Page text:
Seneca Niagara Begins $40 Million Casino Beautification, Still No Payments to Cash-Strapped City
Posted on: April 30, 2018, 05:00h.
Last updated on: May 2, 2018, 01:23h.
The Seneca Nation has announced it will begin work on a $40 million makeover of the Seneca Niagara Resort & Casino in the City of Niagara Falls, as it continues to withhold revenue-share payments to the State of New York and local communities.
The Senecas stopped making payments over a year ago. Under the terms of a 2002 compact, they were expected to contribute around $100 million a year to the state, a sum that was then distributed between Albany, Buffalo, Niagara Falls and Salamanca, in exchange for the tribe’s exclusive right offer casino gaming in those cities.
But the tribe stopped making payments over a year ago. The 2002 agreement expired in 2016, but it was stipulated within that it would roll over for another seven years, provided there were no objections from either party.
‘Defying Law and Logic’
But the Senecas argue that there was no specific clause within the agreement that said revenue-share payments would continue beyond 2016.
The state has said there are “no legitimacy to these claims,” and the tribe’s assertion that it can “unilaterally end paying the state contribution while continuing to enjoy the benefits of the compact has no basis in the compact, law or logic.”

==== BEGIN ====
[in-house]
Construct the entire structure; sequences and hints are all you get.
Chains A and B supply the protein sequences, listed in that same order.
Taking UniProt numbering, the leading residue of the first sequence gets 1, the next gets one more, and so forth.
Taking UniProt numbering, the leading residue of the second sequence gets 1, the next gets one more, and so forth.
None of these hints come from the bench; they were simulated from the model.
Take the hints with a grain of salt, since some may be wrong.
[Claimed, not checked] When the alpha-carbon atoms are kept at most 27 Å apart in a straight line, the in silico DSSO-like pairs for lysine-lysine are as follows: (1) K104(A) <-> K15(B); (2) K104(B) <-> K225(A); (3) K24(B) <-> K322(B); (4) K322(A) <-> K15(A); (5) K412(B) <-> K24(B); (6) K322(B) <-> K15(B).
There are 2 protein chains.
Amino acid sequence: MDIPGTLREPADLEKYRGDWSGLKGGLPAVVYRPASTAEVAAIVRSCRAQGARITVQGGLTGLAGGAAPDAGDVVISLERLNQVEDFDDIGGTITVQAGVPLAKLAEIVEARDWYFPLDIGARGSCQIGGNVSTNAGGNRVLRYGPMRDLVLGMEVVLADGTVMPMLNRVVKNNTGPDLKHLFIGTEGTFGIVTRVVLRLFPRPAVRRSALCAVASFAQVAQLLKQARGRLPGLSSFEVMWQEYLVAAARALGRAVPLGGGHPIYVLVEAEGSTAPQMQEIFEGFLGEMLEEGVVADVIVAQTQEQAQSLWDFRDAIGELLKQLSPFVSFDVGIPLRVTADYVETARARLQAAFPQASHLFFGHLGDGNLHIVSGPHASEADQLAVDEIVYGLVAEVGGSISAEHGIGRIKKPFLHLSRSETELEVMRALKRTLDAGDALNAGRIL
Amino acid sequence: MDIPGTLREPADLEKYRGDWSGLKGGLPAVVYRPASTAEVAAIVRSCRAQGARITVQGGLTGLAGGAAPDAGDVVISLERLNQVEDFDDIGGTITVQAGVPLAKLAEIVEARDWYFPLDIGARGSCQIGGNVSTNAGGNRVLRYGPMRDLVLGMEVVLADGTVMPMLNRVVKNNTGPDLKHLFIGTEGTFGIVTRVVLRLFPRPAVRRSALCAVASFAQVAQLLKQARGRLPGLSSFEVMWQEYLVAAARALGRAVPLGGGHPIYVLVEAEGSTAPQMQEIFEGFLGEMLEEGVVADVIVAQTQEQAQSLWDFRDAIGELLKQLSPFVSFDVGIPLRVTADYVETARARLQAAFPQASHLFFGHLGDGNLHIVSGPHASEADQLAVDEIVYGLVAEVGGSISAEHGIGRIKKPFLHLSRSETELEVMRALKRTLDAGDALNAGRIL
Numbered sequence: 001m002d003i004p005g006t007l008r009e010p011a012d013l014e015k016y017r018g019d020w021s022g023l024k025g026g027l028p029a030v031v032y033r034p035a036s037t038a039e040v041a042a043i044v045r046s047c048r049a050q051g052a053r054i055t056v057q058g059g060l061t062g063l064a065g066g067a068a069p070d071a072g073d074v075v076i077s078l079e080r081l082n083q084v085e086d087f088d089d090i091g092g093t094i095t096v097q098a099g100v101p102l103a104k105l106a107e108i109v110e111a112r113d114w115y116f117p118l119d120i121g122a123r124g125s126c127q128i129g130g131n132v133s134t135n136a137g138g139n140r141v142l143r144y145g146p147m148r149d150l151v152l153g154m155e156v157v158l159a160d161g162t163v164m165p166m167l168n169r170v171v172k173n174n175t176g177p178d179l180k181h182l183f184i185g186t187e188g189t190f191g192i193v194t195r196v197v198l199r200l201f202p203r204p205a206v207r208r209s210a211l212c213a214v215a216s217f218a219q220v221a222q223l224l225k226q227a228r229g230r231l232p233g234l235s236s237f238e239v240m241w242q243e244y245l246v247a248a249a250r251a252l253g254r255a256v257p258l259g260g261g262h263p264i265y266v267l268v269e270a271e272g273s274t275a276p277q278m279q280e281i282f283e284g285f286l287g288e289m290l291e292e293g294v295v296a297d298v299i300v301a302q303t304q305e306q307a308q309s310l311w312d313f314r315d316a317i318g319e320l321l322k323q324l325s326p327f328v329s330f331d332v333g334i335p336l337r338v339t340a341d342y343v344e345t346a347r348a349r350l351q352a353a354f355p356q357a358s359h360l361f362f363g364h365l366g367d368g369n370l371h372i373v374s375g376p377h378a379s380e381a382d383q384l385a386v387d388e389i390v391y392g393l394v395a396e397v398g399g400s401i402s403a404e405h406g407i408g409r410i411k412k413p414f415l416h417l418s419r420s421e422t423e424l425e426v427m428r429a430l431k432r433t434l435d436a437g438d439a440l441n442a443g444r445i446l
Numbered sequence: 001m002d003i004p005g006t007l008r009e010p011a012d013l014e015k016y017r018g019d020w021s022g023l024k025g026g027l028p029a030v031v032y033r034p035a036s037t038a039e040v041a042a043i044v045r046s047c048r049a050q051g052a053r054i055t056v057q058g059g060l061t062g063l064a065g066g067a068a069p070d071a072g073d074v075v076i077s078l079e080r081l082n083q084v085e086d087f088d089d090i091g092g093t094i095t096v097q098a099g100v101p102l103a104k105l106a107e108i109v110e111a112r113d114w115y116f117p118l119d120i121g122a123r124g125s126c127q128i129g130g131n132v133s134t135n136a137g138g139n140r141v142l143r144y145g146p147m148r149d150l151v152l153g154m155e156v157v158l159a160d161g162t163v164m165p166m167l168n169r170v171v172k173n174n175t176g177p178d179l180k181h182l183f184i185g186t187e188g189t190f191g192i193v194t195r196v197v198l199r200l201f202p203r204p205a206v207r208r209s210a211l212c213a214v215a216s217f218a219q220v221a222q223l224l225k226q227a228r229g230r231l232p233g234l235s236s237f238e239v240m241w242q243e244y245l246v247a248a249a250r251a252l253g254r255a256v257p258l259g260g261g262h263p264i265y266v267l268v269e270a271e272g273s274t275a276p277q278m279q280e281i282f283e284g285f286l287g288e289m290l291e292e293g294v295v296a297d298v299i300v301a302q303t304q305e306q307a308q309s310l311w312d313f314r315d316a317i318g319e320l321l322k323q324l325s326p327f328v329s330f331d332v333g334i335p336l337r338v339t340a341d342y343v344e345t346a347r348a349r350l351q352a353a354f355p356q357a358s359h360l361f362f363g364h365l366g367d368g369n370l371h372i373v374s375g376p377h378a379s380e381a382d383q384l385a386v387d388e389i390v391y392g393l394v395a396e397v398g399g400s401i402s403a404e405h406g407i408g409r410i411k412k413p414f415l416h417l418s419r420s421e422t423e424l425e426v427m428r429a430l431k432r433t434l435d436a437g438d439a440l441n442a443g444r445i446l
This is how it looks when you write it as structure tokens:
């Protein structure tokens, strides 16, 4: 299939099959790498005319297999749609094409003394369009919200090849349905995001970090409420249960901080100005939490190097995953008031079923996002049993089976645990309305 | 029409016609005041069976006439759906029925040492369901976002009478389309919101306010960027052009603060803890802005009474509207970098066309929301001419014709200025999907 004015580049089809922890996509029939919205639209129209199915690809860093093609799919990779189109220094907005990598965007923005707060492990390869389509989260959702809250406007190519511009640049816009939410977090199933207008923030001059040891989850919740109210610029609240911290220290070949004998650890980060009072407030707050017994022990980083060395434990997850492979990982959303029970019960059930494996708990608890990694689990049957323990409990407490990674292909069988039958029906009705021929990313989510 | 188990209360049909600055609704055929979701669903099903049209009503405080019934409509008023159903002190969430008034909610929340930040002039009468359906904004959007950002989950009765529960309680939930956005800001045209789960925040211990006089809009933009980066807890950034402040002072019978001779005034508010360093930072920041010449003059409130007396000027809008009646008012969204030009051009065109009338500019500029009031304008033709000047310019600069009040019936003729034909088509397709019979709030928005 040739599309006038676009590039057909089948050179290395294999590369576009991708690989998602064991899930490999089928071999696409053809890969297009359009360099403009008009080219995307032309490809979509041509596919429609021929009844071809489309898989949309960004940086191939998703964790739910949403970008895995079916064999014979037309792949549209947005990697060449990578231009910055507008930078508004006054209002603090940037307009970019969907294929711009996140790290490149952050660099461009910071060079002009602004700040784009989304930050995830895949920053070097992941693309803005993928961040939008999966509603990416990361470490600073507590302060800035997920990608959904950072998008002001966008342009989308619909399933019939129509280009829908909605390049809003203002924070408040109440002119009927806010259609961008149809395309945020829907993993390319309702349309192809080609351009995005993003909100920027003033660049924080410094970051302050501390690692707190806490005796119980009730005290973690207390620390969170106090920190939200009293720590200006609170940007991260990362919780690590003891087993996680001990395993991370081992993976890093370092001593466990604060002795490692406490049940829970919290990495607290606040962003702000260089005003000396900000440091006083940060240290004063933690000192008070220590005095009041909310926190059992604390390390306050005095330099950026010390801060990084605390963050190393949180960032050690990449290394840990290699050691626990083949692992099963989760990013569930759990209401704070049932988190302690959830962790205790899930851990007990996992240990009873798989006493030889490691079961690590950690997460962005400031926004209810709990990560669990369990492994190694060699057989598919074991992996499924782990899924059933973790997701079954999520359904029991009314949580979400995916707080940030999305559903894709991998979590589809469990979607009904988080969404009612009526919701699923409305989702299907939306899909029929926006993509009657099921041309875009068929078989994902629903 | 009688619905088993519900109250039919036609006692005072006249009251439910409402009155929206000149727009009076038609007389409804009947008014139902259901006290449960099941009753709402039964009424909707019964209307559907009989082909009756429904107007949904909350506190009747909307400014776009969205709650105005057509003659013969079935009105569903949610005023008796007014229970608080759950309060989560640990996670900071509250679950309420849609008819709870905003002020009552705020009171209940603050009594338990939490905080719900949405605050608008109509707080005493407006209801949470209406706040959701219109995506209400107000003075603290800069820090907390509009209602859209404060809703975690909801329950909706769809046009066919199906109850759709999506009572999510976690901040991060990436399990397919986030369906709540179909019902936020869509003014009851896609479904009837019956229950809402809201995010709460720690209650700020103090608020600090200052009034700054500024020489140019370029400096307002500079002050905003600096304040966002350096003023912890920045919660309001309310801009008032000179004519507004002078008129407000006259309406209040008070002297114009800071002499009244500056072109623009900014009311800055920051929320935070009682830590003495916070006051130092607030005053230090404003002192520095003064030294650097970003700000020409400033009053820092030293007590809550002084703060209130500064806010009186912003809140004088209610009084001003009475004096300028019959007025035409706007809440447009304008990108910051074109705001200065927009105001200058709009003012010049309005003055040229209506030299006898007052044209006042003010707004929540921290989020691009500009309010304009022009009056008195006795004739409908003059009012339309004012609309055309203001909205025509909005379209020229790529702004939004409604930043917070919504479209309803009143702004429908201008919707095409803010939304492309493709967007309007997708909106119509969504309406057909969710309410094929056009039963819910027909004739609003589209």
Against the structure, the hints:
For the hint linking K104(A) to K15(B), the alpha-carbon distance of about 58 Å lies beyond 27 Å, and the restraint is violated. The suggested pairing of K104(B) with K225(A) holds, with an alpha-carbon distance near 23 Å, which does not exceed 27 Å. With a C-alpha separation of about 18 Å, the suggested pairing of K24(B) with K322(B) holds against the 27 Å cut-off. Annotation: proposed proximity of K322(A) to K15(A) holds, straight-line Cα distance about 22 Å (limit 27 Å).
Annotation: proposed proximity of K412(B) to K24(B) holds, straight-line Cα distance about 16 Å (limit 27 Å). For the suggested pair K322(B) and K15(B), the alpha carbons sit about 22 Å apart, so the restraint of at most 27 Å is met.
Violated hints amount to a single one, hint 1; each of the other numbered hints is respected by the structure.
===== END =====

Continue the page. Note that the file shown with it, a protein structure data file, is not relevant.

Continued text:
Late last year, New York State declared the Seneca Nation to be in violation of its compact and delivered a demand for legally binding arbitration, which, months later, has yet to get underway.
In the meantime, the Senecas are planning “a flowing, landscaped entry boulevard” to the Niagara Resort & Casino with “extensive landscaping, sculpture features.”
“We have long viewed our Niagara Territory, and this vantage point of Seneca Niagara in particular, as standing at the front door to Niagara Falls,” said Seneca Nation President Todd Gates said in a statement. “As more and more people visit our resort and discover – and rediscover – the wonders of Niagara, we want to make an immediate impression on them.”
Niagara Falls into Disrepair
But the actual City of Niagara Falls – a community of around 50,000 people that struggles to compete on an economic level with its more popular Canadian namesake – is scrambling to balance its budget without the money it once relied on as a host community. The city has high crime rates, while around 60 percent of residents receive government assistance.
Mayor Paul Dyster recently announced Niagara Falls was scaling back projects such as road improvements through lack of funds and wouldn’t rule out raising taxes.
Meanwhile, city councilman Chris Voccio told local radio station WBFO this week that while the Senecas landscape their entry boulevard, the council will have to make “some difficult decisions” this budget season.
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